Norway to ban outdoor poultry after bird flu case

Norwegian authorities on Friday said they would introduce a regional ban on keeping poultry outside after a case of bird flu was confirmed in a wild bird.

Norway to ban outdoor poultry after bird flu case
Photo: Arvid Høidahl/Unsplash

The Norwegian Food Safety Authority said a case of H5N8 had been confirmed in a wild goose in the western Sandnes municipality.

The government agency said that in the next few days it would “introduce a curfew for poultry in some parts of the country” meaning all domestic birds would need to be kept under a roof.

Norway is the latest in a line of European countries to take action after finding cases of the virus, which is not harmful to humans but is potentially devastating to the farming sector.

Until the new measure comes into force the authorities asked poultry breeders, especially on the country's west coast, to take care to minimise contact between their birds and wild birds, and report if they saw increased mortality in their flocks.

“The commercial poultry industry in these areas should protect themselves against possible infection by keeping ducks and other poultry indoors until further notice,” Ole-Herman Tronerud, section head of animal health at the food safety authority, said in a statement.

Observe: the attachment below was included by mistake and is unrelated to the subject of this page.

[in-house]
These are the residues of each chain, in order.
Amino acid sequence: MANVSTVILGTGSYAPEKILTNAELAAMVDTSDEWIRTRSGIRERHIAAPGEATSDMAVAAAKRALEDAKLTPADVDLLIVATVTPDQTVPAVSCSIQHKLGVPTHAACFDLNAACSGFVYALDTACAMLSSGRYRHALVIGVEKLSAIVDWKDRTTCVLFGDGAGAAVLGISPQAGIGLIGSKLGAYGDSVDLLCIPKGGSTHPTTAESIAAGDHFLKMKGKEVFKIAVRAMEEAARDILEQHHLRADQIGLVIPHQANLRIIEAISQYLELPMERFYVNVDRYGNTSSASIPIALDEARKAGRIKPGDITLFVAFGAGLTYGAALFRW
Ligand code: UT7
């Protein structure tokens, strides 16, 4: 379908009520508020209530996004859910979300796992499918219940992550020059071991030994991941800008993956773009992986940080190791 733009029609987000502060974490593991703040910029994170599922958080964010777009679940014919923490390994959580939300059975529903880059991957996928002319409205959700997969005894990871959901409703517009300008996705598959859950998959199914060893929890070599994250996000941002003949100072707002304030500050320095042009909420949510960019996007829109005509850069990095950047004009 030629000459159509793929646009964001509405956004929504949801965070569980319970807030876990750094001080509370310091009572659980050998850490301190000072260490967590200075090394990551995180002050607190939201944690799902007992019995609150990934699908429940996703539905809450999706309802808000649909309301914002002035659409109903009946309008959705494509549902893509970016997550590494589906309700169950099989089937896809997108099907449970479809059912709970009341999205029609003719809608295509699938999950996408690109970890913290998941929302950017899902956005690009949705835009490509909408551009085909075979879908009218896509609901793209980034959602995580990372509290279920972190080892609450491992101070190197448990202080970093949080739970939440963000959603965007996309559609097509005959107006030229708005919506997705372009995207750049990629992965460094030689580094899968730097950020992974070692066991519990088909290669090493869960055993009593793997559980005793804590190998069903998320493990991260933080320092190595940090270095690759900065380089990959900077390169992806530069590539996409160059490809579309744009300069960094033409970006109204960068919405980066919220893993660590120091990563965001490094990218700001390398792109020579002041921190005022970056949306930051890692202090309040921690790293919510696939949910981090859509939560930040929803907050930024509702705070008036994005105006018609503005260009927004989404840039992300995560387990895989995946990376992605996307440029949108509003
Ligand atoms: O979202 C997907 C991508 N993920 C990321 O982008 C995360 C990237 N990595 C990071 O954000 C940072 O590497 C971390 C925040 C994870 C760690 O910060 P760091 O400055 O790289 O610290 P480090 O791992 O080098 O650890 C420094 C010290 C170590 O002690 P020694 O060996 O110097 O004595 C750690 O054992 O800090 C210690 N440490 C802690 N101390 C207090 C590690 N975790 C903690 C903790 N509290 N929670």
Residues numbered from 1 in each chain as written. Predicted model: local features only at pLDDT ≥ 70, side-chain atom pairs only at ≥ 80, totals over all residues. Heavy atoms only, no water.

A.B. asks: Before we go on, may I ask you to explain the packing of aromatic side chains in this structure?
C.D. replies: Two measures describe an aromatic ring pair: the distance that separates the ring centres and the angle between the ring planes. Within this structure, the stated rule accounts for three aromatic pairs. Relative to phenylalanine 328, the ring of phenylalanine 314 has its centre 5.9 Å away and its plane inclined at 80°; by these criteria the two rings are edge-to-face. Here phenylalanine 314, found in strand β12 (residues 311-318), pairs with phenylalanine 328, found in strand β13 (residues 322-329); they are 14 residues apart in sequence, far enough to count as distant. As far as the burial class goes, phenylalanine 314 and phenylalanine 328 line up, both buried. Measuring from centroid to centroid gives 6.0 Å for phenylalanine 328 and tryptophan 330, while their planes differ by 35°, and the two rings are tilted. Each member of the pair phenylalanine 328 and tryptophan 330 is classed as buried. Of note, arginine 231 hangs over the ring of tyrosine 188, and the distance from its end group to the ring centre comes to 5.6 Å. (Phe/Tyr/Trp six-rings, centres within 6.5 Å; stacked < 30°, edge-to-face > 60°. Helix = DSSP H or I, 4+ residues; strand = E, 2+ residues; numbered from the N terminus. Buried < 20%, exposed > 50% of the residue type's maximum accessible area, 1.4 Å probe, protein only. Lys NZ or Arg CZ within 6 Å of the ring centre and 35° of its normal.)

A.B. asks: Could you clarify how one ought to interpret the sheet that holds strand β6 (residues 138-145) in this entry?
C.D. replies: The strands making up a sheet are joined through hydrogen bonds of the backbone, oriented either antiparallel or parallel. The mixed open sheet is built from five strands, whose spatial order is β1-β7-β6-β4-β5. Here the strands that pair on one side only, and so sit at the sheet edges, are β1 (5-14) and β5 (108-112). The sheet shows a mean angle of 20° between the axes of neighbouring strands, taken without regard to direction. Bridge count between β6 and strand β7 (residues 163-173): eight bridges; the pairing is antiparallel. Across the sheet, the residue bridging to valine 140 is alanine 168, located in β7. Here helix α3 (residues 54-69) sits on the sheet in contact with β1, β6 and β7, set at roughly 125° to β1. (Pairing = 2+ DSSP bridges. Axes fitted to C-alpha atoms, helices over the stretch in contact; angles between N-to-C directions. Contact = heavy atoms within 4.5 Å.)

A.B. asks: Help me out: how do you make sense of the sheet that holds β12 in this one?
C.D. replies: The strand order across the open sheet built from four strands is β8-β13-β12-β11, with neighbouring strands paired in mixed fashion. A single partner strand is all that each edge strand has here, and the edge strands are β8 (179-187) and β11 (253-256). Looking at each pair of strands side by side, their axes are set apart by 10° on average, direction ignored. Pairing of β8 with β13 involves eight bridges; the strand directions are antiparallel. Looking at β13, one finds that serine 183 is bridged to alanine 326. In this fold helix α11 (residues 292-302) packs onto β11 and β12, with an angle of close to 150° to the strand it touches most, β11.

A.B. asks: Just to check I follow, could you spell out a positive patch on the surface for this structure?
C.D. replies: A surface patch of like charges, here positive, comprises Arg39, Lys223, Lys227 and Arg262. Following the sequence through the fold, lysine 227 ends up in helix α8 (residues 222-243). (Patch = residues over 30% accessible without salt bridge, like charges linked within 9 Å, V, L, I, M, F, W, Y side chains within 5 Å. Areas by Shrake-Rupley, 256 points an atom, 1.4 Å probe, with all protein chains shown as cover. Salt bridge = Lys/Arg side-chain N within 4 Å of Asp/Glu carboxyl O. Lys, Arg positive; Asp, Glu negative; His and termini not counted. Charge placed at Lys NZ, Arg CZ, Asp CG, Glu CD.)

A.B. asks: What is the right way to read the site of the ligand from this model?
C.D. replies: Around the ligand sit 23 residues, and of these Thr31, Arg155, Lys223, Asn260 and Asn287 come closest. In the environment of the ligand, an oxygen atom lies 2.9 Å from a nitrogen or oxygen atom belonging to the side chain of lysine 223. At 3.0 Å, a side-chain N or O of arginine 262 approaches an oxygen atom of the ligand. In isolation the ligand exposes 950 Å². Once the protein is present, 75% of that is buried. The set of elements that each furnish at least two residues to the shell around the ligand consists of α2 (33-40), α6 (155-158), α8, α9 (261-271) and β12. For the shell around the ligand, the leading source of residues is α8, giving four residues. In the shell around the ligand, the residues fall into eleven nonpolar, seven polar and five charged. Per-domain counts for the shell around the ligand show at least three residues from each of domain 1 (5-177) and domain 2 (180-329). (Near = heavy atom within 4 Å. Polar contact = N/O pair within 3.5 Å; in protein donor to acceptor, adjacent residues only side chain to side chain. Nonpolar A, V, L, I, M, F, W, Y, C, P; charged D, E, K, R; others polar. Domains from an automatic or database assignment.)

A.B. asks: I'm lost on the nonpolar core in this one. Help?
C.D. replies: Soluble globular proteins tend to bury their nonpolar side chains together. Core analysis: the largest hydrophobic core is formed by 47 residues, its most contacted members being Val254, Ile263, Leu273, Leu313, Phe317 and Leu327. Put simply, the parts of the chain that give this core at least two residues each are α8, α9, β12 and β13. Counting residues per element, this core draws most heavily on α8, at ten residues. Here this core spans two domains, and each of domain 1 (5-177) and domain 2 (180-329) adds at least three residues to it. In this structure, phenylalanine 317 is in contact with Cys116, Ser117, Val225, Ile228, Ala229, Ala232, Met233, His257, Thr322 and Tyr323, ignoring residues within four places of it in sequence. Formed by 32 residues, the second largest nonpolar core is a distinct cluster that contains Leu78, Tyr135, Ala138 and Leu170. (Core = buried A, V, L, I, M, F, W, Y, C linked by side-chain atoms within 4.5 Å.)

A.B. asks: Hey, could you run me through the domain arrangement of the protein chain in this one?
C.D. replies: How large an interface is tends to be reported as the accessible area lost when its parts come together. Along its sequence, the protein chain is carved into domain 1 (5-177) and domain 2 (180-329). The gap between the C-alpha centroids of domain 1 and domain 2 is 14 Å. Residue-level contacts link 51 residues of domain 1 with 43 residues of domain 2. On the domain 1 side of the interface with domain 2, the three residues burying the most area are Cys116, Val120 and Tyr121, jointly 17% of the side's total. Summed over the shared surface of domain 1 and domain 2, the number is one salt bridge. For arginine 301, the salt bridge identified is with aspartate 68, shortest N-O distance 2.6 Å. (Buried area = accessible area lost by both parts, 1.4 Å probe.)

The Sandnes case is the first in Norway, but previously this autumn the virus has appeared in France, Denmark, Belgium, the Netherlands, Russia, Ireland and Britain among other countries.

Dutch officials said earlier this month they had culled more than 200,000 birds.

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Isolation nearly over for Norway penguins as vaccination arrives

They have been living under strict confinement measures for months, but soon the second shot of a life-saving vaccine will let them go outside and get back to their normal lives.

Isolation nearly over for Norway penguins as vaccination arrives
Illustration photo: Manon Buizert on Unsplash

While it sounds like a familiar story, in this case their normal lives involve sliding about on their bellies, frolicking in icy water and catching fish in their mouths.

Twenty-nine gentoo penguins at Norway’s Bergen Aquarium have had a tarp stretched over their pen since early December after cases of a highly infectious bird flu strain, H5N8, were detected in the country.

“Because of this, the Food Health Authority introduced a curfew: all birds in captivity must be kept under a roof,” aquarium director Aslak Sverdrup told AFP on Thursday. 

But the end is in sight, with the arrival of bird flu vaccine doses.

The oldest and most fragile had their first shot on Wednesday, followed by the younger penguins on Thursday, the aquarium said.

Among the freshly immunised is “Erna”, named for Prime Minister Erna Solberg who once had a summer job at the aquarium, a tourist attraction in the western city where she was born.

Once the second vaccine dose has been administered in a month’s time, the birds will be able to see the sky again.

“The fact that penguins are being vaccinated now is pure coincidence, totally independent of the coronavirus, but it shows that vaccines are important, even more so today,” Sverdrup said.

In the wild, gentoo penguins live on the other side of the Earth, in Antarctica.

None at the Bergen Aquarium caught the flu, and while the disease can be devastating for birds, transmission to humans is rare.